The steady increase in the volume of "junk" e-mail (aka SPAM) has attendant costs similar to those of "junk" faxes. Hands up all of you who have to wade through your inbox, separating the wheat from the chaff. This is costing you time and money. Some of the approaches are outright deception. Have you ever noticed that some SPAM contains directions at the bottom, instructing you how to get your name removed from the mailing list? Follow those instructions and you're confirming that the address is live and that you actually opened the message and read it down to the point where the removal instructions appear. "Hey, we got another sucker here!"

Microsoft didn't forsee the explosive growth of the Internet. In their usual arrogant manner, they decided that the LAN was the be-all and end-all of computer networking. As a result, they "enhanced" their products to provide work-group functionality. Office automation mechanisms such as macros and Object Linking and Embedding (OLE) became the flag Microsoft rallied around. Quite frankly, in all of the organizations I've visited, large and small, I've never seen much use or application for these "features." Microsoft seems to have missed the bigger picture here, adding more bells and whistles to their flagship products while ignoring the underpinnings. I'd rather have a system with a rock-solid TCP/IP stack and a reliable kernel than more Word features I'll never use.

Given the Microsoft focus, it didn't take long for some inventive people to co-opt the capabilities included in everything from Internet Explorer to Outlook to Word. First we had the .normal macro viruses. These weren't too bad since you actually had to open an infected document in order to contract the virus. Also, since Word is such a widely used application, fixes appeared very rapidly, followed shortly thereafter by more permanent solutions. It's important to keep in mind that the virus was only possible due to the inclusion of macros in Word. Also note that there have been numerous other breaches in other applications in the Office suite but they don't get as much exposure simply because not as many people use Access or PowerPoint as use Word.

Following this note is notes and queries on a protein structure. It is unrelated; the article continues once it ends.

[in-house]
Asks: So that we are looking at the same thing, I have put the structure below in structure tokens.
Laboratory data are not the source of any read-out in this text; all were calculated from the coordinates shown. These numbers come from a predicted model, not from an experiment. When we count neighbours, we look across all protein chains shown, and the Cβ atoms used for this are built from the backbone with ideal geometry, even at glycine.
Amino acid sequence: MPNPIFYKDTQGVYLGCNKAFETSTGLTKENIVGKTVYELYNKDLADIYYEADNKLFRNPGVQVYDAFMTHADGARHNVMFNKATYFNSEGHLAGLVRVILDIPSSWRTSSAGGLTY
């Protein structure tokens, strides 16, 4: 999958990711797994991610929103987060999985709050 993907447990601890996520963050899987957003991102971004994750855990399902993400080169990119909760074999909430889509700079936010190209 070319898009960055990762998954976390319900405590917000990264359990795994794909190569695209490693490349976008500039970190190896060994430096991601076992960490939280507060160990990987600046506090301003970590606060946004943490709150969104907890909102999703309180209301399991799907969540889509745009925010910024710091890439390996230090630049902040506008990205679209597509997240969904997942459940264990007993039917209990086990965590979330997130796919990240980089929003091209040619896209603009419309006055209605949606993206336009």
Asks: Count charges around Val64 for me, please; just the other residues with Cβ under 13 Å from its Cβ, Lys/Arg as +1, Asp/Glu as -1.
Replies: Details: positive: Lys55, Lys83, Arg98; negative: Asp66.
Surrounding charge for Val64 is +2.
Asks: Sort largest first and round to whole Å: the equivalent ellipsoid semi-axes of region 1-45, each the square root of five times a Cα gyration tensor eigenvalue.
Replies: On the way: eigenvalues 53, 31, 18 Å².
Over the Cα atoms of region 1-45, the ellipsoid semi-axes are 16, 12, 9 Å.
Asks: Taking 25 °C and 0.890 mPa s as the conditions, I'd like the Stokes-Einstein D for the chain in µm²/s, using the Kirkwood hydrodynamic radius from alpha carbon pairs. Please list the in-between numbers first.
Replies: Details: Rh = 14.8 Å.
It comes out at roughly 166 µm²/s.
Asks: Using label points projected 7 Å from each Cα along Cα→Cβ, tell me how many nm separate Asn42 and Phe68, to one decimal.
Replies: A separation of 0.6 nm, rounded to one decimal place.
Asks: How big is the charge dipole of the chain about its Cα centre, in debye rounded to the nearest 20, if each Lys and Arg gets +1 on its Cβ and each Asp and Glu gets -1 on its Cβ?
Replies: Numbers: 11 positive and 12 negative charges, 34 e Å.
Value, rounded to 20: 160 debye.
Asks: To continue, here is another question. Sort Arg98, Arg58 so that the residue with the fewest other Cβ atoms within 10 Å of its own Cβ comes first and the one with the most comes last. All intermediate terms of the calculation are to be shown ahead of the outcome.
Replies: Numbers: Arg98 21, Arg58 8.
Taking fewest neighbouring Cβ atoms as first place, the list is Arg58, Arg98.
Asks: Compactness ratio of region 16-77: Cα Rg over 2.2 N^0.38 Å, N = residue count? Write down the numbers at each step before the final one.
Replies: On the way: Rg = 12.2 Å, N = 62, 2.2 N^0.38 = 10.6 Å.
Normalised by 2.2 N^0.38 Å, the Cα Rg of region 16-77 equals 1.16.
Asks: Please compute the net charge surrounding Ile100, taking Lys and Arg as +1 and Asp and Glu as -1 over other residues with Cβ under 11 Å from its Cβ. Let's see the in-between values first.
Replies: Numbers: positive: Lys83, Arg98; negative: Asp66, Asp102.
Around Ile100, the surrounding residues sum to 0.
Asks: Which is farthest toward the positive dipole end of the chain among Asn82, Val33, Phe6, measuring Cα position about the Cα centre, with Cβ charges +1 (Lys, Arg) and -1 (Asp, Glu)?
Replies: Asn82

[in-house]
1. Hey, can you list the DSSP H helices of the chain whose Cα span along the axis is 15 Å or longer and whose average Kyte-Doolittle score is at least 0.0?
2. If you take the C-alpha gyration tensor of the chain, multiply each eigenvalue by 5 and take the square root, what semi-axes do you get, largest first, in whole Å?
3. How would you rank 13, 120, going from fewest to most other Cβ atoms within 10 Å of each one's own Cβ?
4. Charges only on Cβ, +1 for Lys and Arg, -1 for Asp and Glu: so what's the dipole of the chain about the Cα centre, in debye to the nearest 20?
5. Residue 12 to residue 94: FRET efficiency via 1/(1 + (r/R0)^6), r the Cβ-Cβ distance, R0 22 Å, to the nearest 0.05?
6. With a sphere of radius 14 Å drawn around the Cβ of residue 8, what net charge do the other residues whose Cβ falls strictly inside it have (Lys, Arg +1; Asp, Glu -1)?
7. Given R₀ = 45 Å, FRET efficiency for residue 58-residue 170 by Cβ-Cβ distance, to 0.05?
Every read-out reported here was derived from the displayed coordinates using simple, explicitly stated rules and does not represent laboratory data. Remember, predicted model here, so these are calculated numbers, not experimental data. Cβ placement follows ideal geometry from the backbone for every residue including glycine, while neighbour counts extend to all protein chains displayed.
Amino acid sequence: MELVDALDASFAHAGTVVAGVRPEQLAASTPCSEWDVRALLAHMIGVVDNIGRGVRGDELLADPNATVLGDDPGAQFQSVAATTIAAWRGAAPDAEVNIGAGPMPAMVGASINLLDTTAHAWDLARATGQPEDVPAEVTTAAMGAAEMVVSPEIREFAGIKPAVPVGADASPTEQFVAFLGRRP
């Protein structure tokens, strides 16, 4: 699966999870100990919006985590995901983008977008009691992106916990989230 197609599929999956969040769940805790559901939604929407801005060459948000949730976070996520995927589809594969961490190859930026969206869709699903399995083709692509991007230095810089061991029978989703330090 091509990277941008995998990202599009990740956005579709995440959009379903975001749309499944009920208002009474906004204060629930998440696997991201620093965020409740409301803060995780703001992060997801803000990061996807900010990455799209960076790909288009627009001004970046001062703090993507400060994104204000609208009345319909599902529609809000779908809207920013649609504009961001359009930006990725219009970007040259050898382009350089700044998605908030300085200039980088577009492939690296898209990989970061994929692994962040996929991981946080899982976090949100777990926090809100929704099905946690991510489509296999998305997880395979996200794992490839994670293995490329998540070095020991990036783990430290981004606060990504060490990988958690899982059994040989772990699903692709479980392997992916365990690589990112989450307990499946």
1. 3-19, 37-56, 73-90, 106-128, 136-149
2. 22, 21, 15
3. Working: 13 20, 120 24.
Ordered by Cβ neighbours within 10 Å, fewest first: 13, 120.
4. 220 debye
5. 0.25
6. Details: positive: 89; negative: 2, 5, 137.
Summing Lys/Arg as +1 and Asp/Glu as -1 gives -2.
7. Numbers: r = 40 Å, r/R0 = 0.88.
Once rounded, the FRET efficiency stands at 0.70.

With the Word hole sealed, people started looking at other vectors for infecting systems. Visual Basic Script was added to the Office suite a number of years ago, again as an office automation feature. What hackers needed was a way to access the functionality provided by this wide-open environment. They found it in Outlook. There are two "features" in Outlook which facilitate execution of external VBS code. First is the message preview option. It's supposed to display the first few lines of a message so that you can readily determine the content since apparently the subject line isn't enough. Hackers found that they could include VBS code at the top of the message body and, if message preview was enabled, execute their own code.

Another "feature" of Outlook is the suppression of display of file extensions in an attachment. Some brilliant engineer decided that people didn't really have to see the extension; the pretty little icons would show them visually what kind of file it was (or at least what Microsoft application could open it.) Hackers started sending out messages which included attachments like xxx.jpg.vbs, knowing that they would be displayed as "xxx.jpg". People would think it was a picture (not all users are as thick as a brick) and open it. Hence the AnnaKournikova virus travelled extensively, utilizing the ability of VBS to access the address book and send mail messages without user intervention.

Your internet browser might be a wonderful tool, but it can also be used for evil. What many people don't realize is that once you visit a page on the world-wide web, various pieces of information may have been collected on the server. Things like username, browser version, IP address, etc. can be logged to files and the information mined at some later date. Another Microsoft office productivity technology incorporated into Internet Explorer is ActiveX. Unlike Java applets, which operate in a "sandbox" and generally cannot access machine resources, ActiveX controls have almost free-rein over your system. At least now you can disable ActiveX or only accept "signed" controls, but this is merely patching a fundamentally flawed architecture.